vSphere ESX4: Hot Add Memory for Linux Guests


I was asked recently if I could hot-add some RAM to a client’s virtual machine over at virtualDCS. Most of the information I’d found online related to Windows Server versions, but I needed to hot add resources to a Linux VM. VMware.com was lacking in detail about the hot-add compatibility with client operating systems, so I realised I’d better lab it up and see how it works for myself.

The first problem I had, was that the virtual machine I’d cloned from my clients live VM, was originally built using ESX3.5. Hence, it was VM version 4, and hot add hardware is not supported unless the VM hardware is upgraded to version 7. In order to enable hot-add features, I had to first upgrade VMware Tools, and then shut down the VM again to upgrade the virtual hardware to version 7.

Once this had been done, I made sure the VM General Options (VM > Edit Settings > Options > General Options) was set to the correct OS type. This important, as the interface will only display the Memory/CPU Hotplug options for supported OSes. In my case I was running CentOS 5.3 x86_64, so selected Other Linux 2.6.

General Options

Next I enabled the Hot Add CPU and Memory as below, but was unable to check the radio button for Hot Remove CPU, which is interesting in relation to what I found when playing with Hot Add CPUs (discussed in an upcoming post).

HotAdd-Remove

I found that the CentOS build I was using (2.6.18-128.el5) recognises hot added memory automatically. A colleague (thanks Stu) recommended I read the Linux Hotplug Memory docs which made the rest fairly obvious.

My VM was running with 512MB RAM, so I added some more via the vCenter console, so my VM now had 1GB RAM allocated to it. (BTW: even though vCenter appears to let you do this for the 32bit guest version, it doesn’t actually work. The task is reported as successful, but when you check the VM properties again, you’ll see the RAM was not added.)

When memory is hotplugged, the kernel recognizes new memory, makes new memory management tables, and makes sysfs files for new memory’s operation.
If firmware supports notification of connection of new memory to OS, this phase is triggered automatically. ACPI can notify this event. If not, “probe” operation by system administration is used instead.

Now comes the interesting part. Within

/sys/devices/system/memory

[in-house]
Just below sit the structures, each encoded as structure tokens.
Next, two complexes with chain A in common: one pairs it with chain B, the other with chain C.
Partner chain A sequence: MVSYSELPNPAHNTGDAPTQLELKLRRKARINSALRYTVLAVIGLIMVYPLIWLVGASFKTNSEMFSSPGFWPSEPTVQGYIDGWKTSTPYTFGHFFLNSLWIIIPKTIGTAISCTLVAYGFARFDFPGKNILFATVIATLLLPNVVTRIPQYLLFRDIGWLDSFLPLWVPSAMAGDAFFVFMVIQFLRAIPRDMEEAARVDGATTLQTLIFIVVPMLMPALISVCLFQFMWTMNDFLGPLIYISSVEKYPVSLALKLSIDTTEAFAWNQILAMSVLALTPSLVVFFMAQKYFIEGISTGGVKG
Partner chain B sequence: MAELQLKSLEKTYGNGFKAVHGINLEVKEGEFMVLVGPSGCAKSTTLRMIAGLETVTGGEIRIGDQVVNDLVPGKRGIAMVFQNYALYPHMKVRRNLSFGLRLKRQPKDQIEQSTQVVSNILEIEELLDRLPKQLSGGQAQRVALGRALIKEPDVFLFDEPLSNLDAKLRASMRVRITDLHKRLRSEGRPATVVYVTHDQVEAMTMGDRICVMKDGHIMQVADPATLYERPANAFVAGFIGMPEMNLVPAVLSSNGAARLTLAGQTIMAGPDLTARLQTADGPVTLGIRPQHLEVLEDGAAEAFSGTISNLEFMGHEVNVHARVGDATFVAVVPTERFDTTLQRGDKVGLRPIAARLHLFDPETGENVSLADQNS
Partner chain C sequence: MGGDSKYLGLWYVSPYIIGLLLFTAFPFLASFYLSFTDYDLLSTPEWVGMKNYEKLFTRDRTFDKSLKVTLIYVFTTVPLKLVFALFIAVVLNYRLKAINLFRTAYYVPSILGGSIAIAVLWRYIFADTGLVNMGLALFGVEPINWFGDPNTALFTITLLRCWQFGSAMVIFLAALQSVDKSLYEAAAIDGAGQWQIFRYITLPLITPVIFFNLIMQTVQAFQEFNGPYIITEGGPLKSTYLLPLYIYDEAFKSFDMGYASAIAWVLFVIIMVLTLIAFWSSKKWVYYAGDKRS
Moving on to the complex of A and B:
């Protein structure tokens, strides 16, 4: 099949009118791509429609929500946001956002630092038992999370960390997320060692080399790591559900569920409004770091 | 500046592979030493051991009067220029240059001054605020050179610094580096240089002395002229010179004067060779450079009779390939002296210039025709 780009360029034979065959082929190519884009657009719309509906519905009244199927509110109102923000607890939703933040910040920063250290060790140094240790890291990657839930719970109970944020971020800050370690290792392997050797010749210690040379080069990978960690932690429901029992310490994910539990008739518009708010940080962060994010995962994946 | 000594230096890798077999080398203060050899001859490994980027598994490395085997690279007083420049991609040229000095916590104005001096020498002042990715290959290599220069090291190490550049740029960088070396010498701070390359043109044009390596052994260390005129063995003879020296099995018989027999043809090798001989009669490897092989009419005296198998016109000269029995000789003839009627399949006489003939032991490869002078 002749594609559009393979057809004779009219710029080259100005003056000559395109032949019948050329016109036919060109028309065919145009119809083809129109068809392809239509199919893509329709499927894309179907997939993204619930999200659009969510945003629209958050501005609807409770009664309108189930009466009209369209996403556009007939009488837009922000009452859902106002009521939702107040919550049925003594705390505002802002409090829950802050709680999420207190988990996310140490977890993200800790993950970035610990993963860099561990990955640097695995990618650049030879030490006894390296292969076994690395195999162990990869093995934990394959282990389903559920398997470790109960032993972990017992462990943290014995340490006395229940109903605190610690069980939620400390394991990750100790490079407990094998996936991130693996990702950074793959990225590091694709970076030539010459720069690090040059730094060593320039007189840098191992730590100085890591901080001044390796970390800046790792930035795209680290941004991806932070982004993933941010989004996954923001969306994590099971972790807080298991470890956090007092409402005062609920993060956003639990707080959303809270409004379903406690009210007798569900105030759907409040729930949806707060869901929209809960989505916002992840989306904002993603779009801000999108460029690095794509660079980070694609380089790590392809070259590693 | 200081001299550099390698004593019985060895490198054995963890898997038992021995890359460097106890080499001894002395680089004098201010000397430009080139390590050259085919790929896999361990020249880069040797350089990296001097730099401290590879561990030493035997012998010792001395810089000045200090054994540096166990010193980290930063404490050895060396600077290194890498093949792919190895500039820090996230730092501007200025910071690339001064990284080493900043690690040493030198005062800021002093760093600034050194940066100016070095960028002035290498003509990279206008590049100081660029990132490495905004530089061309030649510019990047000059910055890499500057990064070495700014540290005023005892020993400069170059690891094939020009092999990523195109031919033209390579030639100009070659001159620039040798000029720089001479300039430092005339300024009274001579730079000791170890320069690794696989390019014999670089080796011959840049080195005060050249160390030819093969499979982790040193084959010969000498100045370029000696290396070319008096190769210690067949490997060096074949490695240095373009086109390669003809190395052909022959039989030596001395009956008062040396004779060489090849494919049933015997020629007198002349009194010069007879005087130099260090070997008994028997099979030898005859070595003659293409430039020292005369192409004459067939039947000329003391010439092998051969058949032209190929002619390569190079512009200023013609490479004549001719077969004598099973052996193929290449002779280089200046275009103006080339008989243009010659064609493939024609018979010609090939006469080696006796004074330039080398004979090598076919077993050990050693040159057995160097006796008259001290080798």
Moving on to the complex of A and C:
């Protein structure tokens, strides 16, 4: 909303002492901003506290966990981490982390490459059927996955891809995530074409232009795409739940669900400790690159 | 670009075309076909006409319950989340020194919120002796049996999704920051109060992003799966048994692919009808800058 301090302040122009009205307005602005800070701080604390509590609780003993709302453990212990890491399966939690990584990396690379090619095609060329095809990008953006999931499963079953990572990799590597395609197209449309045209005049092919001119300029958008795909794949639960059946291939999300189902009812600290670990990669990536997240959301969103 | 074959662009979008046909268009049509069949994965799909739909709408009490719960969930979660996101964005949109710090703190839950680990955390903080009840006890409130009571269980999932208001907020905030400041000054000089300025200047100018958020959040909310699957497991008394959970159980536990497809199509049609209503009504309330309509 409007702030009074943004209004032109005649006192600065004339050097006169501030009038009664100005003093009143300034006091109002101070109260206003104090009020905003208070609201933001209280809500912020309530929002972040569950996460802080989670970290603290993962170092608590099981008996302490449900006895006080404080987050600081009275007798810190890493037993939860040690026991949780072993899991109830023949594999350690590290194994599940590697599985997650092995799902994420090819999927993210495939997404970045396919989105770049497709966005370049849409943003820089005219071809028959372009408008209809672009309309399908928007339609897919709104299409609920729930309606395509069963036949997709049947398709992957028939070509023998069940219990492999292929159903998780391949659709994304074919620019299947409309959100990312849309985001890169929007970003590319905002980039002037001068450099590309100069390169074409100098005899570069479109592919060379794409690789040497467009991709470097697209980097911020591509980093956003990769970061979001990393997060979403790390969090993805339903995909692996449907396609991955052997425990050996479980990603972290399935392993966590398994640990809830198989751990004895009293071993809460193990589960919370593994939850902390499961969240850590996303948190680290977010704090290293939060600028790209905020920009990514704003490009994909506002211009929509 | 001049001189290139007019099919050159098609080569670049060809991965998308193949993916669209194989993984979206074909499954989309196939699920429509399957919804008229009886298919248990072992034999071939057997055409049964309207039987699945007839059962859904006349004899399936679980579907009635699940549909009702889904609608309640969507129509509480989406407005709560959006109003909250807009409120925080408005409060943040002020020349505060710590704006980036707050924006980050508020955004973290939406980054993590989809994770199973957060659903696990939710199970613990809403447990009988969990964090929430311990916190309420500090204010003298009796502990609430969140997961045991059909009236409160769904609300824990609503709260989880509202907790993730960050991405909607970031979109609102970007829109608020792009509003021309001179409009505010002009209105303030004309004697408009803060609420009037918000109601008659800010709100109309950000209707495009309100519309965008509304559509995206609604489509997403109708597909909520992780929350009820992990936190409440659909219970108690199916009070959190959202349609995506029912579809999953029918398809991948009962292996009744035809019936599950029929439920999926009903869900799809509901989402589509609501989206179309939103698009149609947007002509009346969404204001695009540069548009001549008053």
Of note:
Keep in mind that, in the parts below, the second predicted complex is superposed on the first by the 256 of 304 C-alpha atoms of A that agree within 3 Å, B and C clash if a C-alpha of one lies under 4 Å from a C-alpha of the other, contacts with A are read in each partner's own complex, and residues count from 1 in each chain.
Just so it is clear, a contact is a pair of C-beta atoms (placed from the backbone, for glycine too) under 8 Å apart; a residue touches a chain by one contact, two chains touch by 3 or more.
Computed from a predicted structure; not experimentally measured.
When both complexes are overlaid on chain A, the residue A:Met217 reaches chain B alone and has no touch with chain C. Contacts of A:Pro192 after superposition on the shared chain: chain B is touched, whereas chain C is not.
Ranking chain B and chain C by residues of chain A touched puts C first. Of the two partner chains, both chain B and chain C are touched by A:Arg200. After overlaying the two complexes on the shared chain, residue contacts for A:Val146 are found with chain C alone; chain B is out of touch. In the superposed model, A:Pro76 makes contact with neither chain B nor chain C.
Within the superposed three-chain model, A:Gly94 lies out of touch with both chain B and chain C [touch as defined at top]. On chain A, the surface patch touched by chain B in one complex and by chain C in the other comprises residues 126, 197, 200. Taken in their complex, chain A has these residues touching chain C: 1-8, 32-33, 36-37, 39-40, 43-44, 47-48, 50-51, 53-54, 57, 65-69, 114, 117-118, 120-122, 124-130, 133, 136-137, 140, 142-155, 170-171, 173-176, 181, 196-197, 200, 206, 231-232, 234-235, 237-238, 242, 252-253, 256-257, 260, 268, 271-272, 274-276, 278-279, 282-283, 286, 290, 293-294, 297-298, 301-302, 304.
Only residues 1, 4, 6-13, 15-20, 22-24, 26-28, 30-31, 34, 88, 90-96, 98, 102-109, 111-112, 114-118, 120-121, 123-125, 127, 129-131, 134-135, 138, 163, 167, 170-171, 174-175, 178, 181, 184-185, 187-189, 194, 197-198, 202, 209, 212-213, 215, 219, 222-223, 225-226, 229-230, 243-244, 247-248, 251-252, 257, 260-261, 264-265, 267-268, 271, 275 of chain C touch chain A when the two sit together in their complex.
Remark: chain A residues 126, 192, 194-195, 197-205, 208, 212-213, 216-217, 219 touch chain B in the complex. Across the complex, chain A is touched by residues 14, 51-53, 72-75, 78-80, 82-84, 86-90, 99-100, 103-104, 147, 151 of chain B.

there are a number of folders all named ‘memoryX’ where X represents a unique ‘section’ of memory. How big each section is, and hence how many folders you have is dependent on your environment, but you can check the file

/sys/devices/system/memory/block_size_bytes

to view the size of sections in bytes. Basically, the whole memory has been divided up into equal sized chunks as per the SPARSEMEM memory model.

In each section’s folder there is a file called ‘state’, and in each file is one of two words; online or offline.
Locate the memoryX folder(s) which account for the hot added memory by working out the section sizes above, or (like me), just check the contents of the state files:

#cat /sys/devices/system/memory/memoryX/state

Once you locate the offline sections, you can bring them online as follows:

#echo online > /sys/devices/system/memory/memoryX/state

Validate the memory change is seen, using:

#free

That’s it! Quite simple really.

UPDATE: I noticed that William Lam (lamw on the VMware communities) created a nice script to automate the discovery and online process.  It’s very neat and can be downloaded here:

#!/bin/bash
# William Lam
# http://engineering.ucsb.edu/~duonglt/vmware/
# hot-add memory to LINUX system using vSphere ESX(i) 4.0
# 08/09/2009

if [ "$UID" -ne "0" ]
 then
 echo -e "You must be root to run this script.\nYou can 'sudo' to get root access"
 exit 1
fi

for MEMORY in $(ls /sys/devices/system/memory/ | grep memory)
do
 SPARSEMEM_DIR="/sys/devices/system/memory/${MEMORY}"
 echo "Found sparsemem: \"${SPARSEMEM_DIR}\" ..."
 SPARSEMEM_STATE_FILE="${SPARSEMEM_DIR}/state"
 STATE=$(cat "${SPARSEMEM_STATE_FILE}" | grep -i online)
 if [ "${STATE}" == "online" ]; then
 echo -e "\t${MEMORY} already online"
 else
 echo -e "\t${MEMORY} is new memory, onlining memory ..."
 echo online > "${SPARSEMEM_STATE_FILE}"
 fi
done

Add to FacebookAdd to NewsvineAdd to DiggAdd to Del.icio.usAdd to StumbleuponAdd to RedditAdd to BlinklistAdd to Ma.gnoliaAdd to TechnoratiAdd to Furl

About these ads

10 thoughts on “vSphere ESX4: Hot Add Memory for Linux Guests

  1. Pingback: vSphere ESX4: Hot Add CPUs for Linux Guests « Adaptive Thinking

  2. Pingback: vSphere : Hot Add Memory for Linux Guests | My Notes

  3. Pingback: fix 0x0000007b

  4. Pingback: Felgi Aluminiowe

  5. Pingback: Scaling Oracle Databases on Amazon RDS « DatabasesInCloud

  6. Pingback: Ubuntu

  7. Pingback: Domain

  8. Pingback: Hot-adding memory to a Linux guest « Techops Documentation

  9. Pingback: VMware: Hot-add memory | WP3

Leave a Reply

Fill in your details below or click an icon to log in:

WordPress.com Logo

You are commenting using your WordPress.com account. Log Out / Change )

Twitter picture

You are commenting using your Twitter account. Log Out / Change )

Facebook photo

You are commenting using your Facebook account. Log Out / Change )

Google+ photo

You are commenting using your Google+ account. Log Out / Change )

Connecting to %s